Motlalentoa added that the situation downgrades the country to Tier 3 on countries that are unable to fight trafficking in person.

“Tier three is actually junk status. It level means even our longest relationships that we had with other countries are on the verge of collapsing. When I learned about the report and its contents, I instructed the principal secretary to furnish the ministry with ways that we can fight this vice.

“Some of the steps we took included amending Trafficking in Persons law. We had to remove some of the officials from their work stations to improve our efforts in combatting this scourge,” he explained.

He claimed that, so far, a handful foreigners have been arrested in connection with human trafficking. He encouraged Basotho to work with police in order to fight human trafficking.

The US Report goes on to recommend Lesotho to increase efforts to investigate, prosecute, and convict traffickers through independent and fair trials, including officials complicit in trafficking crimes; finalize and implement guidelines for proactive victim identification and standard operating procedures for referring identified victims to care, in line with the anti-trafficking act regulations; adequately fund the CGPU and establish a CGPU focal point in all 10 districts of Lesotho to ensure effective responsiveness to all potential trafficking cases; and adequately fund shelter and protective services for victims.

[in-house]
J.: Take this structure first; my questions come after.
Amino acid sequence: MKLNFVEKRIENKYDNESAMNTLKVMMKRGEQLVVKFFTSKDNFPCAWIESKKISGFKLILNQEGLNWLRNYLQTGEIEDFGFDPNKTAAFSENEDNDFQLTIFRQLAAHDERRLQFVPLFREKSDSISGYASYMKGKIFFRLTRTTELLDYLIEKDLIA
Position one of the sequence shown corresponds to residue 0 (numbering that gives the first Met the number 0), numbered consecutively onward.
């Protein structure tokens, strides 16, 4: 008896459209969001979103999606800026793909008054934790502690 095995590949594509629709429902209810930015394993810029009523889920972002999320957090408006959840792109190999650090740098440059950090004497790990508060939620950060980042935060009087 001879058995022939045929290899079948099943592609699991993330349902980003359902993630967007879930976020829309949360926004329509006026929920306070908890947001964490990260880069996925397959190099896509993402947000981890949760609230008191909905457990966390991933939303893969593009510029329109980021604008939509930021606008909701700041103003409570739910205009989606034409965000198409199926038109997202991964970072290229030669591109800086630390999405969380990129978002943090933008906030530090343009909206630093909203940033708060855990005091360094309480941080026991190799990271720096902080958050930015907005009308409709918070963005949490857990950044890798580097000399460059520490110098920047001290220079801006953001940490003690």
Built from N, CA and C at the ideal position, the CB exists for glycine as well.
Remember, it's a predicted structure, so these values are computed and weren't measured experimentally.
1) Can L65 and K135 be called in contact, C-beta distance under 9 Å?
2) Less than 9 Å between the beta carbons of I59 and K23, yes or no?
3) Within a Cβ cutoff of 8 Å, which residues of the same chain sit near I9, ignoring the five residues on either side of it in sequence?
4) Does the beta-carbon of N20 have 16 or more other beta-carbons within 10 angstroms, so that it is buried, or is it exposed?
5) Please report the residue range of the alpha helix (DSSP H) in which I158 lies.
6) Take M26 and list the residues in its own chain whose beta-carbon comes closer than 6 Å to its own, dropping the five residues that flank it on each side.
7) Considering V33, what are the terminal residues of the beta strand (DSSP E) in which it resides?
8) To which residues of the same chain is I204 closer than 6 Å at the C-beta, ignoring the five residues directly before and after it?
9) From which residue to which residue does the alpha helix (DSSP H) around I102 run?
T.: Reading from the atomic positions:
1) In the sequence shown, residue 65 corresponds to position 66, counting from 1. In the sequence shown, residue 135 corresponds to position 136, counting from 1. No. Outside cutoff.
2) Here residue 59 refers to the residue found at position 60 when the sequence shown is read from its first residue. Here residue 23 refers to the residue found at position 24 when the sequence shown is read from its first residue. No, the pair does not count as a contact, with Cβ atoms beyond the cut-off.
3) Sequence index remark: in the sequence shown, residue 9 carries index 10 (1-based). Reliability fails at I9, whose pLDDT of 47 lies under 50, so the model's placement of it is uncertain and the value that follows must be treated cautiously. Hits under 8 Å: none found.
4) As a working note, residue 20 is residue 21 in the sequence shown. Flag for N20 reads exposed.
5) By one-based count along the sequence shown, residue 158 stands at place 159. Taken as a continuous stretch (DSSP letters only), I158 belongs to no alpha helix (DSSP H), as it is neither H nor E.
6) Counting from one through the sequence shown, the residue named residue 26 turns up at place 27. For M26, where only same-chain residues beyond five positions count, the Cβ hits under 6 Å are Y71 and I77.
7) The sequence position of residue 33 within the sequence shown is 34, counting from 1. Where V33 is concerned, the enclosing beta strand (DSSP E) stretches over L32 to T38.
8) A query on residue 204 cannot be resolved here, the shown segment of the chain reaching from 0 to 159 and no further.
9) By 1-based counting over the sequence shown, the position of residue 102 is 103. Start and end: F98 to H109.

It further recommends the government to provide trafficking-specific training to police investigators, prosecutors, judges, and social service personnel and amend the anti-trafficking law to remove sentencing provisions that allow fines in lieu of imprisonment and remove the requirement of force, fraud, or coercion to constitute a child sex trafficking offense; allocate funds for the Victims of Trafficking Trust Fund and implement procedures for administering the funds; allocate funding to support operation of the multi-agency anti-trafficking task force; amend the anti-trafficking and child welfare laws so that force, fraud, or coercion are not required for cases involving children younger than age of 18 to be considered trafficking crimes; as well as fix jurisdictional issues that prevent magistrate courts from issuing the maximum penalty for trafficking crimes, increase efforts to systematically collect and analyze anti-trafficking law enforcement and victim protection data, and increase oversight of labor recruitment agencies licensed in Lesotho to mitigate fraudulent recruitment for mining work in South Africa.

Lesotho’s commitment to combatting human trafficking previously came under the spotlight when most countries attending the Human Rights Council’s Universal Periodic Review (UPR) Working Group’s 35th session in Geneva, Switzerland in January this year called on the country to work hard to eliminate human trafficking – a challenge that impinges on human rights.

Countries such as France, Germany and Island recommended that Lesotho ensures that perpetrators of human trafficking are put to justice after the country tabled its report, that shows it to be experiencing a high rate of human trafficking of women and children.